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Improving children's diets using behavior change video games shows promise

Date:
December 13, 2010
Source:
Elsevier Health Sciences
Summary:
Obesity in youngsters has risen dramatically in recent decades. Fruit and vegetable consumption and increased water intake can lower the risk of obesity, as can increased physical activity, but it is not always easy to convince children to eat better and exercise more. In a new study, researchers found that video games designed to encourage these behaviors were effective.

Obesity in youngsters has risen dramatically in recent decades. Fruit and vegetable (FV) consumption and increased water intake can lower the risk of obesity, as can increased physical activity, but it is not always easy to convince children to eat better and exercise more. In a new study published in the January 2011 issue of the American Journal of Preventive Medicine, researchers found that video games designed to encourage these behaviors were effective.

"Escape from Diab" (Diab) and "Nanoswarm: Invasion from Inner Space" (Nanoswarm) are epic video games specifically designed to lower risks of type 2 diabetes and obesity by changing youth diet and physical activity behaviors. Designed by Archimage, Inc., and funded by a Small Business Initiative Research Grant from the National Institute of Diabetes and Digestive and Kidney Diseases of the National Institutes of Health, Diab and Nanoswarm are based on social cognitive, self-determination, and persuasion theories.

"Diab and Nanoswarm were designed as epic video game adventures, comparable to commercial quality video games. These games incorporated a broad diversity of behavior change procedures woven in and around engrossing stories. The games motivated players to substantially improve diet behaviors," according to lead investigator Tom Baranowski, PhD, Professor of Pediatrics, U.S. Department of Agriculture/Agricultural Research Service supported Children's Nutrition Research Center, Baylor College of Medicine. "Serious video games hold promise, but their effectiveness and mechanisms of change among youth need to be more thoroughly investigated."

Children playing these video games increased FV consumption by about 2/3 serving per day, but did not increase water consumption or moderate to vigorous physical activity, or improve body composition. Despite the increase, FV and water consumption and physical activity remained below the minimum recommendations.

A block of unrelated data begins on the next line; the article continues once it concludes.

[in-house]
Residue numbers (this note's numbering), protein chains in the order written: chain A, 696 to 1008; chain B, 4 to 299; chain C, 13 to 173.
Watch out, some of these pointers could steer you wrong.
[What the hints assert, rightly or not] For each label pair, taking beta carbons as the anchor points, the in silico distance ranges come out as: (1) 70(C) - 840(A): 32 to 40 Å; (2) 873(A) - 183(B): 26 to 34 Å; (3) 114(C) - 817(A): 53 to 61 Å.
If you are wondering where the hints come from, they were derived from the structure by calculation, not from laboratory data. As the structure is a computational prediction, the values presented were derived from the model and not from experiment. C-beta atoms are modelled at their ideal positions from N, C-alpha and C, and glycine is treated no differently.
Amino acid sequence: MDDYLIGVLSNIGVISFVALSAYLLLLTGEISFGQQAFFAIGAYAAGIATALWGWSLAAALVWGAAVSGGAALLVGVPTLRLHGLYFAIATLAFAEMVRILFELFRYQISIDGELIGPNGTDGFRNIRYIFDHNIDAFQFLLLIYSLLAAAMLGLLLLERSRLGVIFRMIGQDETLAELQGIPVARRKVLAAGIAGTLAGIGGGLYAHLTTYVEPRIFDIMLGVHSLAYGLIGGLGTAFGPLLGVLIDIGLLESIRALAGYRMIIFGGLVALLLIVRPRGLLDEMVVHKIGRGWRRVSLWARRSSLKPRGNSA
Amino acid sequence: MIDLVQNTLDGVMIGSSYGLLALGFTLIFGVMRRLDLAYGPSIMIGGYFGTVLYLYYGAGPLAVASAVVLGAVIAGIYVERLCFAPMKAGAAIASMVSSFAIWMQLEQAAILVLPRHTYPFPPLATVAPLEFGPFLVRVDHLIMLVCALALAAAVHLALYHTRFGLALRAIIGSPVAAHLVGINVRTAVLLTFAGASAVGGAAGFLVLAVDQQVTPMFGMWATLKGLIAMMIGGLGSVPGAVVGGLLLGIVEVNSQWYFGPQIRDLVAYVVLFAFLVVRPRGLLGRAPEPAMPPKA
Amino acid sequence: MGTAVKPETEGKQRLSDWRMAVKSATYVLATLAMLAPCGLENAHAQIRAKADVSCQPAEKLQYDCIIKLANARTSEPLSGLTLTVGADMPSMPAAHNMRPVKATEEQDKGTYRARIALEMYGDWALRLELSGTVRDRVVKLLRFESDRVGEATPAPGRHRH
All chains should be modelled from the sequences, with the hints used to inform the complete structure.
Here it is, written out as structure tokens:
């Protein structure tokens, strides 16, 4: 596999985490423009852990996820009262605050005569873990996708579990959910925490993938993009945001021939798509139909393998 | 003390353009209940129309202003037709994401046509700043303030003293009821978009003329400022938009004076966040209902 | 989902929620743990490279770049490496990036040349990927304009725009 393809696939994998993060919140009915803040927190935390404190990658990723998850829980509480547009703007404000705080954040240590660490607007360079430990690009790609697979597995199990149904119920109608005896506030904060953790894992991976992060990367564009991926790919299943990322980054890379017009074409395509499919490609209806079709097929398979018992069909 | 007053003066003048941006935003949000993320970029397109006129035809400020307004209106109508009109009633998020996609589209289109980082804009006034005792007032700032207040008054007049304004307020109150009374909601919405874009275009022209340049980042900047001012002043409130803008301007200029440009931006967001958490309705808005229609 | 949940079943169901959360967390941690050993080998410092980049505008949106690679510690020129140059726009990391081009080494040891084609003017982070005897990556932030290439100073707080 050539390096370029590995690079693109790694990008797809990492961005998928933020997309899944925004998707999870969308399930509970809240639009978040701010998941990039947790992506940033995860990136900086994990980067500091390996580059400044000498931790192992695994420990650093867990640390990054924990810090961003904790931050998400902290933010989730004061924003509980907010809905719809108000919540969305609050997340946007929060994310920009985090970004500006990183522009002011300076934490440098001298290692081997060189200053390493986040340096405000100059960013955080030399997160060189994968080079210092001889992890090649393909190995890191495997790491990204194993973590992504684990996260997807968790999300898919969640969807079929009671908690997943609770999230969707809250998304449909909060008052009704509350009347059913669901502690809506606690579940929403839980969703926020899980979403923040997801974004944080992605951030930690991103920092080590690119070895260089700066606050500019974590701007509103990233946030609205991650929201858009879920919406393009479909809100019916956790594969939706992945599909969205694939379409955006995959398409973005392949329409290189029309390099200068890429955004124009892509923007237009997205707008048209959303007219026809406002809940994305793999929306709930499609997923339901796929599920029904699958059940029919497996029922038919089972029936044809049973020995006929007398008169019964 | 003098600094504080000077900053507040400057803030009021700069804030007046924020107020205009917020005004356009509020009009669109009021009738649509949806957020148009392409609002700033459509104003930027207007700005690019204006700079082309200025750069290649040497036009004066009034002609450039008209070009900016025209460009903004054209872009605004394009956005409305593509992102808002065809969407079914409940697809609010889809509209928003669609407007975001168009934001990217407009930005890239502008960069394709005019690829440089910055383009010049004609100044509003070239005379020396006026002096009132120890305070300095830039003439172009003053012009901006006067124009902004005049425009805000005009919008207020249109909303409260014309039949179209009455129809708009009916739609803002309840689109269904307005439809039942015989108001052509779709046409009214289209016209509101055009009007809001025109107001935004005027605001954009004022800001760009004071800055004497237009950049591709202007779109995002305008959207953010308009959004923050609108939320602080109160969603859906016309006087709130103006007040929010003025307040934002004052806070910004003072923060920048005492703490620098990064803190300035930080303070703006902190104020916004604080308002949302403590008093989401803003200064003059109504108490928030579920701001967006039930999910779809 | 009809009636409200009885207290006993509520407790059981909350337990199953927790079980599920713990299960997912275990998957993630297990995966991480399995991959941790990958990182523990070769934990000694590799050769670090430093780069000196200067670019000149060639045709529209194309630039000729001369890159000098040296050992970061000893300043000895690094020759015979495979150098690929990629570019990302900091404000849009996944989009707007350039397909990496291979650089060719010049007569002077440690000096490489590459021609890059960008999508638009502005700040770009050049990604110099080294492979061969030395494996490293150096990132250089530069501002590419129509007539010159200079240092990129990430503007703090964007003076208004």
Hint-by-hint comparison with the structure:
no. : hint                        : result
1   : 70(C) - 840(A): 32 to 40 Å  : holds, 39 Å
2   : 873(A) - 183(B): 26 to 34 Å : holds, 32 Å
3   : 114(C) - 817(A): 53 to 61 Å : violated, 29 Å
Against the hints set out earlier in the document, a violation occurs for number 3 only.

In this randomized clinical trial, 153 children ages 10 to 12 years, were divided into a treatment group (103 children) and a control group (50). Complete data were obtained on 133 subjects. The treatment group first played Diab and then Nanoswarm. The control group played diet and physical-activity knowledge-based games on popular websites. Each group was assessed at the start of the trial, immediately after Diab, immediately after Nanoswarm, and again two months later. Height, weight, waist size, and triceps skin-fold thickness were measured. Physical activity was monitored for at least 4 days by accelerometer-based data from each child at each assessment. Food consumption was measured using 24 hour dietary recalls conducted by registered dietitians.


Story Source:

The above story is based on materials provided by Elsevier Health Sciences. Note: Materials may be edited for content and length.


Journal Reference:

  1. Tom Baranowski et al. Video Game Play, Child Diet, and Physical Activity Behavior Change - A Randomized Clinical Trial. American Journal of Preventive Medicine, Volume 40, Issue 1 (January 2011) DOI: 10.1016/j.amepre.2010.09.029

Cite This Page:

Elsevier Health Sciences. "Improving children's diets using behavior change video games shows promise." ScienceDaily. ScienceDaily, 13 December 2010. <www.sciencedaily.com/releases/2010/12/101206201238.htm>.
Elsevier Health Sciences. (2010, December 13). Improving children's diets using behavior change video games shows promise. ScienceDaily. Retrieved October 1, 2014 from www.sciencedaily.com/releases/2010/12/101206201238.htm
Elsevier Health Sciences. "Improving children's diets using behavior change video games shows promise." ScienceDaily. www.sciencedaily.com/releases/2010/12/101206201238.htm (accessed October 1, 2014).

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